March 2015

Thoughts from a Member – The Meaning of Brotherhood

Hi, my name is Jack Deakins, member #1449530. Let me tell you a little of my story.

I’m a 36-year-old father of four. I also have a very beautiful supporting wife Pam. I have been a hard worker my entire life. I built huge tents for 10 years and ran my own crews making very little money and even less appreciation. I was tired of working my butt off for a company that didn’t value me or care about my family. I was tired of struggling, of living paycheck to paycheck and barely getting by. Something had to give. There had to be something better. 

There was!

I decided to apply to be a union ironworker apprentice! Best decision I’ve ever made. I passed all my interviews and tests and before I knew it I was in school. Loved it! I was learning so much and my kids thought it was neat that Dad was in school, too.

I was working and making some real money. Things were changing fast and for the better. Word got around to one of the teachers, who also was a foreman that I was a hard worker. Jake Williams asked me if I wanted to come work with him. I went to work and did everything asked of me — climbing, crawling in holes, always staying busy and throwing all I had into my work. I was asked to do 18-hour emergency shutdowns with short notice. I did everything asked of me and was happy to do it. I was making good money, learning so much and was appreciated. 

Now Jake isn’t an easy man to impress. He’s a big tough guy who served our country in the military. I’ve seen him go off on a guy for slacking up — not taking school or the union seriously. Jake took me under his wing because I worked hard and he knew I wanted this just as bad as anyone wanting to take care of his or her family. I never had to wait for a job. I was wanted. My life was so great now. I let my wife quit her job. She always wanted to be a stay at home mom. At the time our baby Ruby was one. I was working lots of hours and making good money so I was able to do that for her. Everything was perfect. Every time I came home from work I was greeted by my family, who was so proud of me. I was a hero.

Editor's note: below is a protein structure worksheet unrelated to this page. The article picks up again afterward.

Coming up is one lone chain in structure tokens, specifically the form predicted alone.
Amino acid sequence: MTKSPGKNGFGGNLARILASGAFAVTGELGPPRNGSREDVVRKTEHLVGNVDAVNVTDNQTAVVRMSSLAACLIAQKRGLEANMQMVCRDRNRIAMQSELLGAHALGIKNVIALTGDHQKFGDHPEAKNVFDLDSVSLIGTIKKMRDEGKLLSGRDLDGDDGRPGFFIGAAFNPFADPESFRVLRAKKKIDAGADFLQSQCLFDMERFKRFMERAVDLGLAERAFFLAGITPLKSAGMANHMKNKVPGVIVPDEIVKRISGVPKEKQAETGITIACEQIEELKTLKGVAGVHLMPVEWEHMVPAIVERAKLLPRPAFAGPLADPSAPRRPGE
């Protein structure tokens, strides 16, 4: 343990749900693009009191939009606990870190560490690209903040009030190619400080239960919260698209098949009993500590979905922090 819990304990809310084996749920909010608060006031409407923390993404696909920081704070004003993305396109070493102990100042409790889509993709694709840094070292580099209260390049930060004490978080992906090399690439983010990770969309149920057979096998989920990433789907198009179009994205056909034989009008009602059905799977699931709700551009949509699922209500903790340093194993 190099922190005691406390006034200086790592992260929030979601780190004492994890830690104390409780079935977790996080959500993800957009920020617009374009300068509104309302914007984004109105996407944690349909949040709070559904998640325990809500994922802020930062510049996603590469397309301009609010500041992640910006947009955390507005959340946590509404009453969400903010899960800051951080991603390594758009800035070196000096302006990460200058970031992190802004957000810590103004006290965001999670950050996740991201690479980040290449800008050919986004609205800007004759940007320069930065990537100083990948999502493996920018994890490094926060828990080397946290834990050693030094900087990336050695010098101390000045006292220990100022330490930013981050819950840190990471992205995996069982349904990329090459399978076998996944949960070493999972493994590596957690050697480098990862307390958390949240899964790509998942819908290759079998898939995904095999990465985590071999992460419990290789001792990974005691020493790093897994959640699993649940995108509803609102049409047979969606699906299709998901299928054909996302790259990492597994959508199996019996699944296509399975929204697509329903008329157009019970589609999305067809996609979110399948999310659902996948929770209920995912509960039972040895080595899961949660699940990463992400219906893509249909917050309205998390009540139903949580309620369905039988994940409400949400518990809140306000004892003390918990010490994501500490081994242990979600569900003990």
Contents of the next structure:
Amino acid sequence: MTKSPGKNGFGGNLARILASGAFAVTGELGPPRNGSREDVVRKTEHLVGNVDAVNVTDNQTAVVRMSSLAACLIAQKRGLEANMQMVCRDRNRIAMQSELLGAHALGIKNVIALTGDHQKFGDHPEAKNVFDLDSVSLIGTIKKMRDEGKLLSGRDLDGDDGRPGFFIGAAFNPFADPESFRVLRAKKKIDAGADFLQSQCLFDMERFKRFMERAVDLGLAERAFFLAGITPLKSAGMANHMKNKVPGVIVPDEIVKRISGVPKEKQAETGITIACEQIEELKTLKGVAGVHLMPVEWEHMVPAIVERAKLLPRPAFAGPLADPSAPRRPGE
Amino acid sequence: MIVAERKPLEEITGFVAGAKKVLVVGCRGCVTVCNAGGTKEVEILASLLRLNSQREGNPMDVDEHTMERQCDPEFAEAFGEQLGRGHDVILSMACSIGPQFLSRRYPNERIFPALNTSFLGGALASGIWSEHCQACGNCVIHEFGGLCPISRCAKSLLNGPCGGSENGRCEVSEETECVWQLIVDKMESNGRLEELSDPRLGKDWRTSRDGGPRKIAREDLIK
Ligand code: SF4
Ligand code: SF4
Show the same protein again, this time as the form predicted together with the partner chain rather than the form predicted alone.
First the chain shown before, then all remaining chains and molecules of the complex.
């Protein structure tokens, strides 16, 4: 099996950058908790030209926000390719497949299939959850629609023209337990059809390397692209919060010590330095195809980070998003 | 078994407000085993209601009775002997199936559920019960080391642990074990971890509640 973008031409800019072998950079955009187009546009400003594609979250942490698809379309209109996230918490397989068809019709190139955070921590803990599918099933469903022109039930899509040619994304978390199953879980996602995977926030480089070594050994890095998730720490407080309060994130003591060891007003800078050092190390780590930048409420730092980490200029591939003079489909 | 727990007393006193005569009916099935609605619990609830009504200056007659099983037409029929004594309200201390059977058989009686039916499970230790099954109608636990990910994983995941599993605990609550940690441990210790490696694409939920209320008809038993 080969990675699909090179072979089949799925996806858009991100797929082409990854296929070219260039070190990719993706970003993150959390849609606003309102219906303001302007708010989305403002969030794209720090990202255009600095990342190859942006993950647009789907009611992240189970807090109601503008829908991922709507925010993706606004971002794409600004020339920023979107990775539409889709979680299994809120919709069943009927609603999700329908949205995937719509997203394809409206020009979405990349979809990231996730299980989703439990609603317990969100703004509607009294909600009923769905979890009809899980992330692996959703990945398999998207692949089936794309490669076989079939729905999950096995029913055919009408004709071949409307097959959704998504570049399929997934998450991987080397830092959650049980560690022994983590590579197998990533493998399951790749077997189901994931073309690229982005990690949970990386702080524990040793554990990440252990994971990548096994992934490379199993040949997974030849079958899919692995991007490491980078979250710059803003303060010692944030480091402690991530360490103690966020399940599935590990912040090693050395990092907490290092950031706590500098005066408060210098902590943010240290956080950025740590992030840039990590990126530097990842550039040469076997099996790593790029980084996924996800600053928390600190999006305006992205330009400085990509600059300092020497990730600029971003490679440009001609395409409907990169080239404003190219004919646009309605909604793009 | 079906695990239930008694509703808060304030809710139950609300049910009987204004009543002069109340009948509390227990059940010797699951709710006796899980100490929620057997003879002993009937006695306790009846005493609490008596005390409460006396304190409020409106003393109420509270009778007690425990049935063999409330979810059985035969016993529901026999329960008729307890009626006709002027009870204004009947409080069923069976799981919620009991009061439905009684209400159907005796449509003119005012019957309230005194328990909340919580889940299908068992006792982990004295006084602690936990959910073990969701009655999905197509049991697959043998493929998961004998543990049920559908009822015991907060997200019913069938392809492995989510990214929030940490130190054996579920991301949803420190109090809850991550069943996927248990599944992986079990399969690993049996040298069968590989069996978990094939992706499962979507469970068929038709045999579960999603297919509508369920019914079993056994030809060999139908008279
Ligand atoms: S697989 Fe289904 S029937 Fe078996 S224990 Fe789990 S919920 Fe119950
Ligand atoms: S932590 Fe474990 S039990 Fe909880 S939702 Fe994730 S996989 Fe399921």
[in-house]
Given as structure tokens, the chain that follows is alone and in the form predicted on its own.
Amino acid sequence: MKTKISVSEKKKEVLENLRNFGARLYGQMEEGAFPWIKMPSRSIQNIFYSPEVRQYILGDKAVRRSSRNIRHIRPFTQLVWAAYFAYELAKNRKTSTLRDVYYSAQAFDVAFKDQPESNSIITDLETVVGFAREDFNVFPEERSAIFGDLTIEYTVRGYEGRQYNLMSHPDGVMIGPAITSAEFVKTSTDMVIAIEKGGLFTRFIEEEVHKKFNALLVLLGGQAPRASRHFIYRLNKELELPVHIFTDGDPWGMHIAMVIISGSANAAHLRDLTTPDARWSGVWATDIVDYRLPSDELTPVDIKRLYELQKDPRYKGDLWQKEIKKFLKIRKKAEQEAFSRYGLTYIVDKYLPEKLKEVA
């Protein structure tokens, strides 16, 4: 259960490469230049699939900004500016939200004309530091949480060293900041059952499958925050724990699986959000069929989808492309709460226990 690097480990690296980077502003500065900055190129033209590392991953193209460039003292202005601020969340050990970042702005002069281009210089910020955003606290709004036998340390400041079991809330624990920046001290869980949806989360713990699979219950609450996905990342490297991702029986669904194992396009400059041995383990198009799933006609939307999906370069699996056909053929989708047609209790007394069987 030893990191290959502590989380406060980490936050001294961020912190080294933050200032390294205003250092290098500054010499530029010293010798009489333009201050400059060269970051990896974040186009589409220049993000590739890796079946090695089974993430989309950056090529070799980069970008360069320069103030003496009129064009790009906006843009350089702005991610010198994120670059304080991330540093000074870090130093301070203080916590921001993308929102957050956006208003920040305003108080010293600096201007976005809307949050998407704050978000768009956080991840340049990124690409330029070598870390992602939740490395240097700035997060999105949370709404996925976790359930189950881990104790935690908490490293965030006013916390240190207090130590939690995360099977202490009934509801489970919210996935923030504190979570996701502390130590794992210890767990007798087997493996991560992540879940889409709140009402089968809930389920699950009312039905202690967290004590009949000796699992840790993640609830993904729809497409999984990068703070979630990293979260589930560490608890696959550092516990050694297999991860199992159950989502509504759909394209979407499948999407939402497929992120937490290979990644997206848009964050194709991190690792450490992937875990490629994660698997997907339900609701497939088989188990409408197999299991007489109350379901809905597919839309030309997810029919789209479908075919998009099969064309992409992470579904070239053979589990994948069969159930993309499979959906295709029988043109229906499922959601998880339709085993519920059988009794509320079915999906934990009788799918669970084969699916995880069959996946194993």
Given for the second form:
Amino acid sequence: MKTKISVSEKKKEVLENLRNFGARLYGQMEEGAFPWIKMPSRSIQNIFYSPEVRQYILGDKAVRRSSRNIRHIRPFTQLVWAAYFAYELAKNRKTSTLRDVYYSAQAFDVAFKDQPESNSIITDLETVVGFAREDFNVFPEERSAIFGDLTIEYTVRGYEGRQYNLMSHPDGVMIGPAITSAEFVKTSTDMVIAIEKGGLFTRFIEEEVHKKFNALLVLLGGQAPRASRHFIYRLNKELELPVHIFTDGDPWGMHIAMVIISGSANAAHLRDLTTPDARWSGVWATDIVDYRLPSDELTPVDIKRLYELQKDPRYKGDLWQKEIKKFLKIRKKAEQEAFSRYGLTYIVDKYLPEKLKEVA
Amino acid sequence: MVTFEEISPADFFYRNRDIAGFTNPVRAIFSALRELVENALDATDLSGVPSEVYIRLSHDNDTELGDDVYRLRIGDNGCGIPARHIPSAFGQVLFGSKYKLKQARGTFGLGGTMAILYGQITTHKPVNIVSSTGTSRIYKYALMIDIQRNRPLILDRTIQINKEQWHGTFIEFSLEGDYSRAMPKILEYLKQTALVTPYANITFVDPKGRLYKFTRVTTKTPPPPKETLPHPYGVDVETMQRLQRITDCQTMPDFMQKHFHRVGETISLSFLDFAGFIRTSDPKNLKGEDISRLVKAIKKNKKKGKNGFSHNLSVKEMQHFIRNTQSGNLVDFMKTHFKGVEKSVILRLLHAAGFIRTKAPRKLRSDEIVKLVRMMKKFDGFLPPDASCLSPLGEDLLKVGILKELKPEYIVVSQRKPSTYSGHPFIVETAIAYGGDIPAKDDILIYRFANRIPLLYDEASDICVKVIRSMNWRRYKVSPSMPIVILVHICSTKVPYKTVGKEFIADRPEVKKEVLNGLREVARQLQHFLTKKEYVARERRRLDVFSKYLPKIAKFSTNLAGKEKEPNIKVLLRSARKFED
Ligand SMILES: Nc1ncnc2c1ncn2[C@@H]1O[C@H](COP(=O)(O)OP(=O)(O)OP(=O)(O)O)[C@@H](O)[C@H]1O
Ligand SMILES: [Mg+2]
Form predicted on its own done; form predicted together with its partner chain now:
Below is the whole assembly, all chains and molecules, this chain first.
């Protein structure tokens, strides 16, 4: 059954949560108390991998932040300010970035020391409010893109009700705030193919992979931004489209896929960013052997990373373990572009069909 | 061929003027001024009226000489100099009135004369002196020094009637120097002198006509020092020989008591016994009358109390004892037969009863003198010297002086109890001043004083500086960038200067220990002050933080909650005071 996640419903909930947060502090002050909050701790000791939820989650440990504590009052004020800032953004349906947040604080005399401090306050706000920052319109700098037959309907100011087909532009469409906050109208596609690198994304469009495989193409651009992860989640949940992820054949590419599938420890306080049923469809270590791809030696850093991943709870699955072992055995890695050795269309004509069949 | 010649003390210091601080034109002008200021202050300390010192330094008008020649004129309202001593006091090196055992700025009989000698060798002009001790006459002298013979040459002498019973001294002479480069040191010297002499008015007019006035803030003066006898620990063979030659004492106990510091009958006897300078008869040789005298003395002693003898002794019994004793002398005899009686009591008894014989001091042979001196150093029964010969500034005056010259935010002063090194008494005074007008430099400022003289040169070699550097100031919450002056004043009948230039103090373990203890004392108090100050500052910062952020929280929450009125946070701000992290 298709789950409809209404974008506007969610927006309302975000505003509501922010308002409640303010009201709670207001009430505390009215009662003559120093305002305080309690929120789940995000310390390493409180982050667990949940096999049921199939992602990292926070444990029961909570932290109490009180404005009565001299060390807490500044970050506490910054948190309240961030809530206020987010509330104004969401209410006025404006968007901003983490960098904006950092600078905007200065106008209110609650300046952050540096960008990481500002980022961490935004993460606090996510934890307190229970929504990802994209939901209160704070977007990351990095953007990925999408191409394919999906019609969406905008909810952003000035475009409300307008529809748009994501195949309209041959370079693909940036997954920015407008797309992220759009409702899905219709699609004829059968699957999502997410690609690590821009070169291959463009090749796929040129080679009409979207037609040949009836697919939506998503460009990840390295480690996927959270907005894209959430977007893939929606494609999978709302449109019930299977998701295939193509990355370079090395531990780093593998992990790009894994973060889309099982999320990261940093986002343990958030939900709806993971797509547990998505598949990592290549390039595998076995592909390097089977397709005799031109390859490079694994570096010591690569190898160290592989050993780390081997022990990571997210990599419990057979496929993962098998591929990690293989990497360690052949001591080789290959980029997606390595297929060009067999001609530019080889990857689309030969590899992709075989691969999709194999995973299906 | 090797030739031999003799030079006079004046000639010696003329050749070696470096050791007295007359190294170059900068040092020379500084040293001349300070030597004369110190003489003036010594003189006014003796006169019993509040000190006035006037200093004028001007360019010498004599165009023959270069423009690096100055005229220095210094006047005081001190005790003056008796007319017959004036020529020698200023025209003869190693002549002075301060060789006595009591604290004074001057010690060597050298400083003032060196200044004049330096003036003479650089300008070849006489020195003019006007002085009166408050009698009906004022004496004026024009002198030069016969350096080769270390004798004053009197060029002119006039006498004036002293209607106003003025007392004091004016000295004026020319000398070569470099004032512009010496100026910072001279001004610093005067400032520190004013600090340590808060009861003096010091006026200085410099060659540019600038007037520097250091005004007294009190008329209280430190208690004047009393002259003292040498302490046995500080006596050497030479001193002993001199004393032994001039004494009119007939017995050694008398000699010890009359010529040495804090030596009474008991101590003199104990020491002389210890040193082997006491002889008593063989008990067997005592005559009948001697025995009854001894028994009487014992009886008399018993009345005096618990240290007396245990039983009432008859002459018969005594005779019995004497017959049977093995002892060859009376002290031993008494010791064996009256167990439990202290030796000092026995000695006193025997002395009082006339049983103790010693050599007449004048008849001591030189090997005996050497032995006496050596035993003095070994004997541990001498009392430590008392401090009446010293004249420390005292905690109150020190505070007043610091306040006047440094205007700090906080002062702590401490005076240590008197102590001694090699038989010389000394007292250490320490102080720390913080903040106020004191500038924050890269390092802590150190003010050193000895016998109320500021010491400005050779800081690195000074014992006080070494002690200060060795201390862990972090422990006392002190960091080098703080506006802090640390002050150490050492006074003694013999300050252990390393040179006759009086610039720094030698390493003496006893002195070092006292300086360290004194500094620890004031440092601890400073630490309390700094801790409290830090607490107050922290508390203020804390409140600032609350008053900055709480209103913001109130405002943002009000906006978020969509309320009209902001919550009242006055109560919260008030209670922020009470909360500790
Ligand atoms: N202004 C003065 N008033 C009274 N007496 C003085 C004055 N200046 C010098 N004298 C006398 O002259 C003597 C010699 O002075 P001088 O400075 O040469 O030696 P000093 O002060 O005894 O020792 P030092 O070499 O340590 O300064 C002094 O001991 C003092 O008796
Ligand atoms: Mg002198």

In March 2013, I started getting really bad stomach pains. I tried to do what I’ve always done and man up, work through it. After three days of that, the pain was unbearable. I couldn’t take it! So I went to Miami Valley Hospital in Dayton. They ran a whole bunch of tests and had me attached and into all the machines. Something was definitely wrong. On March 17, 2013, at the age of 33, I was diagnosed with cholangiocarcinoma and hepatocellular cancer. The first being very rare, incurable, inoperable, and terminal. The hospital gave me six months to live. Basically gave me a tissue and said go home and enjoy the rest of your life! My wife and me were destroyed! That’s a hurt I just can’t explain. I was at the top of my world, a great career, everything going so wonderful, then, bam! It felt like a door was slammed in our face.

Not wanting to give up or accept this, I went to Kettering Hospital for another opinion. They immediately put me on chemo and radiation. They put a port in my chest that connects to my main artery in my neck. Scary stuff. First I carried around a bag of chemo for 28 days and went to radiation daily. I’ve had as much radiation as one man is allowed to have. I was also given two to five years now, which was better but still crushing. I went from making a good paycheck to the government wanting my entire family to survive on $700 a month. I fell into a deep depression and I had no idea what we were going to do. I thought for sure I was going to lose the car I had been paying on for the last three years. I thought I would no longer be able to afford where I live. I didn’t know how I was going to afford to feed my kids or anything for that matter.

Then one morning I heard what sounded like the world coming to an end, but in fact it was about 30 motorcycles. My brothers had come to rescue us! It was the Journeyman Ironworkers Motorcycle Club Dayton 290 chapter. Those guys picked me up, let me know they were my brothers and that wasn’t going to change. They let me know they were going to throw a poker run in October to raise money to help our family. Then they gave me an envelope with money to get by until then. I was shocked and knew I was part of something bigger than life.